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High-Aspect Ratio Protein-Based Carriers for Delivery Applications

  • Author(s): Bernard, Jenna Marie Lee
  • Advisor(s): Francis, Matthew B.
  • et al.
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Abstract

The work described in this dissertation aims to advance the early detection and therapeutic treatment of cancer. To do this, we seek to utilize protein-based carriers to deliver increased concentrations of cargo (imaging agents or drugs) to the tumor site that will allow for improved detection of early cancer states and/or a more focused delivery of therapeutics to the tumor.

Described herein is the production, characterization, and functionalization of two high-aspect ratio carriers: nanophage (Chapters 2-4) and a truncated IDP monomer (Chapter 5). To our knowledge, these structures have not yet been demonstrated for use in cancer delivery applications. In this work, a large emphasis was placed on the optimization of protein production and biochemical functionalization of these scaffolds for delivery applications.

The nanophage scaffold was explored for its genetic and chemical amenability to incorporate targeting moieties (scFv and cRGD, respectively) onto the phage coat proteins to create an “active targeting” agent that would facilitate cancer cell uptake (Chapter 4). Although the chemical incorporation of cRGD onto the nanophage was met with success, recent literature studies suggest that incorporation of targeting ligands onto a scaffold may not necessarily improve the nanocarrier accumulation in the tumor environment. Therefore, to obtain a better understanding of how the physical properties of a nanocarrier affect overall tumor accumulation, in vivo biodistribution studies were employed. Here, the proficiency of different carrier morphologies (sphere, disk, rod and disordered strand) to passively accumulate in the tumor environment was compared using glioblastoma tumor models. Moreover, in silico simulations and in vitro diffusion assays were used to further evaluate how the shape and size of these carriers might affect extravasation through a pore (Chapter 6).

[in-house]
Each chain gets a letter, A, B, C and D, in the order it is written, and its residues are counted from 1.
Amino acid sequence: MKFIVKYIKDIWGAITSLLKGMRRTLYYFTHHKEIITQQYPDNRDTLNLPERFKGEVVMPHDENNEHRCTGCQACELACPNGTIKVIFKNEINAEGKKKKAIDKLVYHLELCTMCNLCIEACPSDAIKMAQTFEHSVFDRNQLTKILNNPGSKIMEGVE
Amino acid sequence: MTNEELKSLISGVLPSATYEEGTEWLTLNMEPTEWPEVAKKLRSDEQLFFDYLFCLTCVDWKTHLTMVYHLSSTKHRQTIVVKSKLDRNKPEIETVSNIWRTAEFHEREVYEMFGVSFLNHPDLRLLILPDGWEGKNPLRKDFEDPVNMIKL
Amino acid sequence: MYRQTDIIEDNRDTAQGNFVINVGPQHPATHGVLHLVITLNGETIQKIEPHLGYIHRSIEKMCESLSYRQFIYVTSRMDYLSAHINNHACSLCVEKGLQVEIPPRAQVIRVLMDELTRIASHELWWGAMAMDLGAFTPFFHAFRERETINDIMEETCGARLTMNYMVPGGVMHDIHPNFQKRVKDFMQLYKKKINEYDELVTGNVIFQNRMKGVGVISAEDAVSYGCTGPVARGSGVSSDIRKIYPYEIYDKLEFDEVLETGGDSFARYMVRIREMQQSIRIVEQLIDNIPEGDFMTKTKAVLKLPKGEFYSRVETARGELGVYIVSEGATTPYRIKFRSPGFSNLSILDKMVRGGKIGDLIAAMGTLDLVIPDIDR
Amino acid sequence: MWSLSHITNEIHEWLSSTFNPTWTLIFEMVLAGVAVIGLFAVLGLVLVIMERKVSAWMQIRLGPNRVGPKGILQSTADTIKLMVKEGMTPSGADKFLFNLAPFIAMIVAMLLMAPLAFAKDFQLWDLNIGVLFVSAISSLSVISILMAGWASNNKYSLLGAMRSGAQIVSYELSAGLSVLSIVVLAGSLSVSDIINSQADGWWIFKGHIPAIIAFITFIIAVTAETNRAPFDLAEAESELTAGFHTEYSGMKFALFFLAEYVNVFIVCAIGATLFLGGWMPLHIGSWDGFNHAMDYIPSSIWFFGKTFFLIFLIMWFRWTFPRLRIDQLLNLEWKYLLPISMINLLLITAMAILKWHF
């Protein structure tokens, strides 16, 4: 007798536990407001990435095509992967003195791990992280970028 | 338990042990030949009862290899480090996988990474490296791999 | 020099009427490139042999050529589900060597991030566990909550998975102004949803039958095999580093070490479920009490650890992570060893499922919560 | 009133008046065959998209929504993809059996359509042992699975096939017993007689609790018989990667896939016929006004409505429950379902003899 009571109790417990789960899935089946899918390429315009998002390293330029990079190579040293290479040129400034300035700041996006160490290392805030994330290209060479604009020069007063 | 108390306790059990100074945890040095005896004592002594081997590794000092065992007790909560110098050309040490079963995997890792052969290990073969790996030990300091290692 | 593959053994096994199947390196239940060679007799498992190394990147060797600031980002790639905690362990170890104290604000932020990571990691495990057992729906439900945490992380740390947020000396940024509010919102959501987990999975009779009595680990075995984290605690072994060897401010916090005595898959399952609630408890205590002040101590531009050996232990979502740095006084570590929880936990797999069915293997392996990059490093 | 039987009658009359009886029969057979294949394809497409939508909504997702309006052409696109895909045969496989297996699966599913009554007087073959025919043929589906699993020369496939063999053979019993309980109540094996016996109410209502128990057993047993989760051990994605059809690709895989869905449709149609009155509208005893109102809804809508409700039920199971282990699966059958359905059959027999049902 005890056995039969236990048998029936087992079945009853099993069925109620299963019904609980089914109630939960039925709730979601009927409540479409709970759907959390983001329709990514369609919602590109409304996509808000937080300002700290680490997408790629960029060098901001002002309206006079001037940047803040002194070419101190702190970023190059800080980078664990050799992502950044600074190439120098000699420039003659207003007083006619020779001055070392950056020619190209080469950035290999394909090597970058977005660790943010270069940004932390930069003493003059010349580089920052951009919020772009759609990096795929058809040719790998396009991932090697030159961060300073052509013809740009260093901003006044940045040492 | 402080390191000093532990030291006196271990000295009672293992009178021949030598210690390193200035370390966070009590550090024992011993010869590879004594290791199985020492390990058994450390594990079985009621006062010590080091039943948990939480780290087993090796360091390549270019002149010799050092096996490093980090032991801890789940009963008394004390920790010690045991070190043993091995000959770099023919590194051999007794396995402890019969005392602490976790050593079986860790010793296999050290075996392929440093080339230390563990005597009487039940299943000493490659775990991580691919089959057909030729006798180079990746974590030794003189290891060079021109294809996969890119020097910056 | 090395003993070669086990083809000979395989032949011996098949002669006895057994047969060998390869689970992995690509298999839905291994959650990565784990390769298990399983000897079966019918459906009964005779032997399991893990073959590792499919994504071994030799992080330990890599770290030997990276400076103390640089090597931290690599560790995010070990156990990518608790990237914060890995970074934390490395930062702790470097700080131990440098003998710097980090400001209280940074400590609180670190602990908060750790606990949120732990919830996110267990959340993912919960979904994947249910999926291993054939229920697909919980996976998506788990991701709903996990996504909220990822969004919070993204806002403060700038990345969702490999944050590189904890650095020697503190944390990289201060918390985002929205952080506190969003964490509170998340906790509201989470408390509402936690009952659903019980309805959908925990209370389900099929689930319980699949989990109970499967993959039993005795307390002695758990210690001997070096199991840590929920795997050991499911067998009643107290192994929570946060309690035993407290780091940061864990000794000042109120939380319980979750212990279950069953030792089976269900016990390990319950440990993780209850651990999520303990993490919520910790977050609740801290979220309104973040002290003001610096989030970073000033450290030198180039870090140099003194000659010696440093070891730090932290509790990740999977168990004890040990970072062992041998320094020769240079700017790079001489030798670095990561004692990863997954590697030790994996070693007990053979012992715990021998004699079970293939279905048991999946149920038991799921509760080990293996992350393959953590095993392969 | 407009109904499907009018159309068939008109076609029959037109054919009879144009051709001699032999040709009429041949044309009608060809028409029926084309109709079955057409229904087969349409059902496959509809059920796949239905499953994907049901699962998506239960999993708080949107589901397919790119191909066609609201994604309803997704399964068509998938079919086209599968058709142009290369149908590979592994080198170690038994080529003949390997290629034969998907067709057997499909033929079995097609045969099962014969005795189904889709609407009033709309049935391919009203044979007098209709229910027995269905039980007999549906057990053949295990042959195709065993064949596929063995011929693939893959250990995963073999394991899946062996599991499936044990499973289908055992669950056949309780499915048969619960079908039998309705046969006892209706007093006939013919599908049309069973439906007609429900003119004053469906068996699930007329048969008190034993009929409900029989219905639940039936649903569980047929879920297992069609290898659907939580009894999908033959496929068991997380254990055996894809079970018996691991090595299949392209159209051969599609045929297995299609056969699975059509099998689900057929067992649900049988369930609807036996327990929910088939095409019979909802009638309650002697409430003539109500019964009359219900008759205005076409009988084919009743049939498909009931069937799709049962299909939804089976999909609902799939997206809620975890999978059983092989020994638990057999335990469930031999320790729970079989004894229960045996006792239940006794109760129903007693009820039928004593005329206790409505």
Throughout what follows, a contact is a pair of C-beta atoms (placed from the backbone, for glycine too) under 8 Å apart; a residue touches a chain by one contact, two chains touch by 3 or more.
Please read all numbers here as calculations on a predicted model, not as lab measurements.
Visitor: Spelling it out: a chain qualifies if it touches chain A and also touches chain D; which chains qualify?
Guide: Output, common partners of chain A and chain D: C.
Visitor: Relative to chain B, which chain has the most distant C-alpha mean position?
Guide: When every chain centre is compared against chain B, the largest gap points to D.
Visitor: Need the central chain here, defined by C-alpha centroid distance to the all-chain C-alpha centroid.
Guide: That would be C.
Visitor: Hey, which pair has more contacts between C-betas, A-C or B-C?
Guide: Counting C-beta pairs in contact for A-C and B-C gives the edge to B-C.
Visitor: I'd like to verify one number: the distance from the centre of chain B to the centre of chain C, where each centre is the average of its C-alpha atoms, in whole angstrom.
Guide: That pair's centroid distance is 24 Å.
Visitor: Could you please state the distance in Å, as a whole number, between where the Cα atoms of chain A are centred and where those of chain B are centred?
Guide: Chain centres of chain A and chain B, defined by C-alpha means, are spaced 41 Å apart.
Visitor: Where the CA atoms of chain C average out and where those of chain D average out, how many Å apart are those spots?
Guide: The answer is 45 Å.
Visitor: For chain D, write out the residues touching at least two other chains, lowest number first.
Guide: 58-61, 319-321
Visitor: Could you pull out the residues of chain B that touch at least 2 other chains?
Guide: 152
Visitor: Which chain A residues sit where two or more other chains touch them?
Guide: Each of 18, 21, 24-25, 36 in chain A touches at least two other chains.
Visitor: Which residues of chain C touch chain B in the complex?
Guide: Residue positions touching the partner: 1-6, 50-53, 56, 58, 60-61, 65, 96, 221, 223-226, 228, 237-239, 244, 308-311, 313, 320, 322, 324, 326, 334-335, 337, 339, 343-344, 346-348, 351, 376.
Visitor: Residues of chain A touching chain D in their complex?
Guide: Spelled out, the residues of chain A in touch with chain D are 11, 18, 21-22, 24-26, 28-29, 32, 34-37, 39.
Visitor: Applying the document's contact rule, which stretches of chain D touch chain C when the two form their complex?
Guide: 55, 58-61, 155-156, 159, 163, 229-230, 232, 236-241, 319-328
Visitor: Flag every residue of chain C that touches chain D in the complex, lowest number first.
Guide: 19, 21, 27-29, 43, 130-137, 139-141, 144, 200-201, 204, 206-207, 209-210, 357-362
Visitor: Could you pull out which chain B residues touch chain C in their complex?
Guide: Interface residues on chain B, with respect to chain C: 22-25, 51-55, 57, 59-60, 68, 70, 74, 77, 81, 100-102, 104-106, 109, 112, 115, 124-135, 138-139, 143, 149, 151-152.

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This item is under embargo until April 2, 2021.